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Handybear

I find that my numbers go up if I exercise in the morning. Therefore I do my exercising in the evening and everything seems to be ok.

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JediSurfer

After exercising you need to replace the glucose you burned up within 45 minutes with something startchy like a sandwich. This will stop your liver dumping glucose into the system. This is a general guideline for any exercise and especially for a diabetic. I find that if I dont replace the glucgen fast I spike and suffer from fatigue the next day which makes exercising even more difficult. Eat within 45 minutes and bolus as normal, but you may need to reduce the bolus as it will absorb quickly and be used more effectively due to the increased heart rate.

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kriss

Ok, I know this sounds dumb but I am new to diabetes. My 12 yr old son is a type 1 diabetic (dx 8 months ago) and he had basketball practice every morning at 6am. He does not or will not eat anything prior to practice & his sugars are usually 110-140. After practice he is 160-250 and then he eats at the school and takes his insulin. We always thought that this was OK but should he take insulin prior to practice too? He does not want to eat before practice since he runs so much and does not want to get sick.

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REDLAN

Schlep i was wondering, do you have type 2 diabetes by any chance?

 

Because I was thinking (on my walk to work this morning)...

 

that your blood sugar rise may have nothing to do with liver dumping, but more to do with type 2 diabetes.

 

In a normal person whilst they are fasting, they will become insulin resistant - this is so that the body preserves it's dwindling supply of glucose,and starts to utilise fat instead. As soon as they eat, (I think it's due to stimulation of the vagal nerve) then insulin resistance drops, and the body (muscles really) become ready to absorb the glucose from the meal.

 

people with type 2 lose this flexibility - so what happens is that they do not become insulin resistant enough when fasting to switch completely to fats, and they do not become insulin sensitive enough when they eat for their muscles to absorb all the glucose from food.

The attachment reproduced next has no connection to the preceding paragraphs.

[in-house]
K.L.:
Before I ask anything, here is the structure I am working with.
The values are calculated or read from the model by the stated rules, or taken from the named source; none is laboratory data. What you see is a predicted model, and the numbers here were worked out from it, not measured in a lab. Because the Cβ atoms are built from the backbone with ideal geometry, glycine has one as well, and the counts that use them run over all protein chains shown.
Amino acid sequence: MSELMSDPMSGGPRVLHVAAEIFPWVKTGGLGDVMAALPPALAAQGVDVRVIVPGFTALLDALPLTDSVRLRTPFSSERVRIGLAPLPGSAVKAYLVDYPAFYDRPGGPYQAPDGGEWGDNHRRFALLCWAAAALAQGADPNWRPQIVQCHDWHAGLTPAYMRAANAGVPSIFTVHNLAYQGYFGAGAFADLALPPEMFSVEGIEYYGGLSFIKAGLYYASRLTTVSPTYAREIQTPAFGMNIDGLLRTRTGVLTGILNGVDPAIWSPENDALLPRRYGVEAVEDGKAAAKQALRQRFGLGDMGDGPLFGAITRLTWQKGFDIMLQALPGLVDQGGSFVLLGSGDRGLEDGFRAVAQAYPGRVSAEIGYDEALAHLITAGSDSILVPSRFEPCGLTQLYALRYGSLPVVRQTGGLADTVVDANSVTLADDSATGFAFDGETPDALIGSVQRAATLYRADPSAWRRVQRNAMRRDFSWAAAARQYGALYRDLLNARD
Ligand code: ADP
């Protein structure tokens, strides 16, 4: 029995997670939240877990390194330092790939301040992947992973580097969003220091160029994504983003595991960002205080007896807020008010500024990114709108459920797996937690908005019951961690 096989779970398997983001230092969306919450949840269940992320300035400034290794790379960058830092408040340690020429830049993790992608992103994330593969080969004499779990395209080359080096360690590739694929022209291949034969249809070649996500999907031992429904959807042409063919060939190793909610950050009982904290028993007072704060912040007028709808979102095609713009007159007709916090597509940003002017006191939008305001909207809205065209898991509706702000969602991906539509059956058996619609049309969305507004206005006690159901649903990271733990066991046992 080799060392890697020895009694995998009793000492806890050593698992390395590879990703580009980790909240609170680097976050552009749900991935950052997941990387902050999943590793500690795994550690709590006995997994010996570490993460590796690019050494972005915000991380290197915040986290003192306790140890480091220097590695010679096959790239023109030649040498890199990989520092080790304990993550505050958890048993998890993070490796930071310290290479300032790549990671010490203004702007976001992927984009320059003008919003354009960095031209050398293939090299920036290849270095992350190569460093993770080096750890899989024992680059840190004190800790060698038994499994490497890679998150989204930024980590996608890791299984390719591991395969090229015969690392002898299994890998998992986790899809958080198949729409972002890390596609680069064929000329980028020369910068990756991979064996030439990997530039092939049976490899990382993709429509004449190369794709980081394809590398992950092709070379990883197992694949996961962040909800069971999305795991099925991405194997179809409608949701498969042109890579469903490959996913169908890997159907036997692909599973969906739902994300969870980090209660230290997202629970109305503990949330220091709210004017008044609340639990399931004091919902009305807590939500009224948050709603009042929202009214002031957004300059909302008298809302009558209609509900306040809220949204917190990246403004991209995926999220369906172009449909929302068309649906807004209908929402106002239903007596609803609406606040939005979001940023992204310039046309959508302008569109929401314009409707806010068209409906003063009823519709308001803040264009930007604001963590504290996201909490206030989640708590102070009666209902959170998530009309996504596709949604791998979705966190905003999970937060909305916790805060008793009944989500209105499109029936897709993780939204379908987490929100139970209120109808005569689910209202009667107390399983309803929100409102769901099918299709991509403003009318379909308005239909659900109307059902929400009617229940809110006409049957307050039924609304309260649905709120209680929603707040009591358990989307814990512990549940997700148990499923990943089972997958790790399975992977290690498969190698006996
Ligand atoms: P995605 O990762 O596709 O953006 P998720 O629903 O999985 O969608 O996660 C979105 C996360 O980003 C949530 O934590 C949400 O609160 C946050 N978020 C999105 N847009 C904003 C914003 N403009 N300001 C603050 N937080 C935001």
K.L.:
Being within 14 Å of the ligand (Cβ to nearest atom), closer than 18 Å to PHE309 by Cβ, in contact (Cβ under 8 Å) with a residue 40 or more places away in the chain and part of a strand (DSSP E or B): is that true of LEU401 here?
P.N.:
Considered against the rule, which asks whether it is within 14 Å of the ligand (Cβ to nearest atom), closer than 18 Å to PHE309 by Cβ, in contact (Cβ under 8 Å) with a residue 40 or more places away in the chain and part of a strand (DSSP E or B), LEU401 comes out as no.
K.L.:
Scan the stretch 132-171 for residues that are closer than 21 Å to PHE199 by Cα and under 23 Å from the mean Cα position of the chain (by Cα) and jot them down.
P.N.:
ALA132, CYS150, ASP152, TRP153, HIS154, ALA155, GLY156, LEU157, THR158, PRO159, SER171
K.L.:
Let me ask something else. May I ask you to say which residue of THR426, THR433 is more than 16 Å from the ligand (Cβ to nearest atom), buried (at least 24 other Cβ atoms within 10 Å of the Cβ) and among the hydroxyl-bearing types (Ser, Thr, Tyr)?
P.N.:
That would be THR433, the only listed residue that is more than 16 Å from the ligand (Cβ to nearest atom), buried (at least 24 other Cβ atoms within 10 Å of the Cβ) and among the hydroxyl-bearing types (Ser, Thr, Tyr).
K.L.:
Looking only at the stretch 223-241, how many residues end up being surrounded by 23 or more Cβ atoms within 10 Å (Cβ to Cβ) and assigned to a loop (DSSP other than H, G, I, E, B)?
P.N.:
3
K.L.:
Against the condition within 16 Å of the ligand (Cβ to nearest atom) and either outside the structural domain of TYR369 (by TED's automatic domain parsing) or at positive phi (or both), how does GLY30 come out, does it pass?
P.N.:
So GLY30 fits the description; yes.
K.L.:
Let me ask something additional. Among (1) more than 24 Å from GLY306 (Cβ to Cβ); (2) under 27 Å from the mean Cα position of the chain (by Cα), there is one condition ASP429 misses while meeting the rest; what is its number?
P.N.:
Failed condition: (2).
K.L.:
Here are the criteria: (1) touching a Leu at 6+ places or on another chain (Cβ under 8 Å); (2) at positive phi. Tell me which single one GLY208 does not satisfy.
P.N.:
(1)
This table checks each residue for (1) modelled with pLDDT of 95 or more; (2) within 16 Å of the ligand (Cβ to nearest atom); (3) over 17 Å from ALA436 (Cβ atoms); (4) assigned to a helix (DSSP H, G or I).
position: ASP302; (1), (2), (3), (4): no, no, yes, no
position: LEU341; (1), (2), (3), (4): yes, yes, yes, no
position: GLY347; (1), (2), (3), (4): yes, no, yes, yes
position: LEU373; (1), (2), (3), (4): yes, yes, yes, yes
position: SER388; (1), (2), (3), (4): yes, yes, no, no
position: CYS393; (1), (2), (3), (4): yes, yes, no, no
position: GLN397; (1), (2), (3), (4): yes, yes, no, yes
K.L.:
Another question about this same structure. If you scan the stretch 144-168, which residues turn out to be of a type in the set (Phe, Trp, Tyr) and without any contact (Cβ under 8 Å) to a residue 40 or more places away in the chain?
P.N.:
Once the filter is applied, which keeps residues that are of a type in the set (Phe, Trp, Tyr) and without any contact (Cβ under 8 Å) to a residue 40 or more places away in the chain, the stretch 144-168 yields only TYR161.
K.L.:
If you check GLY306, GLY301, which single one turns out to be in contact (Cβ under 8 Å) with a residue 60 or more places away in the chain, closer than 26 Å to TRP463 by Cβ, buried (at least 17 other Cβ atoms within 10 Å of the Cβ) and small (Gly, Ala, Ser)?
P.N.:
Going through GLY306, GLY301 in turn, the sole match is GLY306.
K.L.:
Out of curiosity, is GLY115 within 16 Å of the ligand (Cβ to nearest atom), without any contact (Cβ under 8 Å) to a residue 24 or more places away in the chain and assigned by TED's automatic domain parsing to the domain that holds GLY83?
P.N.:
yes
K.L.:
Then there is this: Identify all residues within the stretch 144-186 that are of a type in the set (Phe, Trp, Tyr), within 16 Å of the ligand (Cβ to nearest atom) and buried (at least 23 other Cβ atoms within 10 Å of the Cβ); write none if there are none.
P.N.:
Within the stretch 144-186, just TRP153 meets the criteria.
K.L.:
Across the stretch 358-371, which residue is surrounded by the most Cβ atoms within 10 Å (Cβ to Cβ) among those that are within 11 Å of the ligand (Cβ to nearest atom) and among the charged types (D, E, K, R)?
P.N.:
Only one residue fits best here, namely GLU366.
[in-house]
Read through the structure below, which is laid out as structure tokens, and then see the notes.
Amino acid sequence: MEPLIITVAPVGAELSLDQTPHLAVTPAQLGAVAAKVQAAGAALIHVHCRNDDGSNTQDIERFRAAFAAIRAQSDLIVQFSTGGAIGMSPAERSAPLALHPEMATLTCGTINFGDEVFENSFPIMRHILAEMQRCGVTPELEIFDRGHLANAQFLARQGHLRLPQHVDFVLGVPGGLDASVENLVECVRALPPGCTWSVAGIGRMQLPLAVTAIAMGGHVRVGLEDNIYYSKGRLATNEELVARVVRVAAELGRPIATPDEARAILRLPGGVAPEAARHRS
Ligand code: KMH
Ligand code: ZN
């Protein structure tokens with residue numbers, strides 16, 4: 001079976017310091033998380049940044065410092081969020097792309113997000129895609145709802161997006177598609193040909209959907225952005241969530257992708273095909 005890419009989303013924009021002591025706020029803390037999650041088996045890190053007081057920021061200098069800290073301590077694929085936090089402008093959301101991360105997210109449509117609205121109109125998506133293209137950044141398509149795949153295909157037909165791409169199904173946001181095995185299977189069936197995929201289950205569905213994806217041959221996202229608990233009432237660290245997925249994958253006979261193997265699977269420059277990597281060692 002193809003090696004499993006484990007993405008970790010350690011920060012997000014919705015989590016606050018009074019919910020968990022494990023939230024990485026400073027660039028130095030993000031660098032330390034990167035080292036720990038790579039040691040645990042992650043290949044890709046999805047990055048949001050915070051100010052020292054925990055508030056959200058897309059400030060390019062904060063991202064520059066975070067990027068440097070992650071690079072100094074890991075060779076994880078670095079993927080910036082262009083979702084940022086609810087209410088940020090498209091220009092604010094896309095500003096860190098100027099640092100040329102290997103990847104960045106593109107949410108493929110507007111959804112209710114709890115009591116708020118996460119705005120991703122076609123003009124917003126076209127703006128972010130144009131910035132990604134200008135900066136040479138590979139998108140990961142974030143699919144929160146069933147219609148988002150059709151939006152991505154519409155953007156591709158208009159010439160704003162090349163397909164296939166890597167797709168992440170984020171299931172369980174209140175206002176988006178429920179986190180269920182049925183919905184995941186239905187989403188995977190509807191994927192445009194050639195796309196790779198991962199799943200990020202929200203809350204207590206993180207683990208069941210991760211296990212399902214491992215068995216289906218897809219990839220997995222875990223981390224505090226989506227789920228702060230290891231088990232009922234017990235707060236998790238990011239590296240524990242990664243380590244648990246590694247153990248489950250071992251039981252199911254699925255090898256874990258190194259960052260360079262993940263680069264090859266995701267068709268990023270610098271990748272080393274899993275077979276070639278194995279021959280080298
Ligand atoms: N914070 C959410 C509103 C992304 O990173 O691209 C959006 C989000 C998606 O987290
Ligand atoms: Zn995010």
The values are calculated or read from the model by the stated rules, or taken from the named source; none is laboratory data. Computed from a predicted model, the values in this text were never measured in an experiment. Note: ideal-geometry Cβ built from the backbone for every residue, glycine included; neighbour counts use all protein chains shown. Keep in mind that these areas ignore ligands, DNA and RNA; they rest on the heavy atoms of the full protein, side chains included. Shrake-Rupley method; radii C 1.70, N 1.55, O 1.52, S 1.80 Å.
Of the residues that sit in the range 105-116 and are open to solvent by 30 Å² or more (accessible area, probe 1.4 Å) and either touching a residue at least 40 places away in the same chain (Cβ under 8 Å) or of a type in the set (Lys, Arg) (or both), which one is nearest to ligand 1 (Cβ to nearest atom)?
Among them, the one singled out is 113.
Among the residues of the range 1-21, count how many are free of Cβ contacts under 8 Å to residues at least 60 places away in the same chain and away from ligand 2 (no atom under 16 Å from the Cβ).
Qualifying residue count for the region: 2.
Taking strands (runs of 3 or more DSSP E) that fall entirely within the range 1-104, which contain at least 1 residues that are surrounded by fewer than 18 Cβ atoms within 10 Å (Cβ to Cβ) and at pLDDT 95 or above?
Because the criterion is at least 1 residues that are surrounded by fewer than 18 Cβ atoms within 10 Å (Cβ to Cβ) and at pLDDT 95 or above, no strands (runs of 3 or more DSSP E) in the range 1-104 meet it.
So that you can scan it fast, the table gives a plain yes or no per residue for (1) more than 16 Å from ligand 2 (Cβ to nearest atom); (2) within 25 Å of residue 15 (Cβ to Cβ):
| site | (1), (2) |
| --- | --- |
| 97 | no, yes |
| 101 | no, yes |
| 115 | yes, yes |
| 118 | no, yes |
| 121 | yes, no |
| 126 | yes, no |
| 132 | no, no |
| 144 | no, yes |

A similar thing happens when a type 2 exercises - a normal person becomes much more insulin sensitive when they exercise, while this response is blunted in someone with type 2.

 

so....

 

could it be that what is happening to you in the mornings, is that you are waking up - you are insulin resistant when you wake, and you go for a walk. The liver responds to the demand by releasing glucose, but your muscles remain insulin resistant and so can not absorb the glucose - leading to BG rising.

 

You can perform a simple experiment....

 

a snack before you walk should improve things - the food will help lower your insulin resistance, allowing your muscles to better utilise glucose.

 

(this all assuming that you have type 2 of course) :confused:

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wynot

Just a comment, I will go from a 12X to 14X/15X going to the gym before eating.

 

(I'm a diet/exercise control T2, who already watches his BG rise about 5-10 points every hour before eating EVERY morning.) Exercise just makes it WORSE.

 

Once I eat, it seems to kick my BG back into relatively normal (for a diabetic ;-) ) levels for the remainder of the day. In other words, I can have a relatively large, high carb/fat/protein breakfast (sausage, homefries, and toast) with a starting BG of 135, and by lunchtime, be at 100 or below...

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Mothernature

I find that if I exercise a little between my breakfast and 2 hr postprandial, my numbers remain low for the day (if necessary). My normal exercise is at night.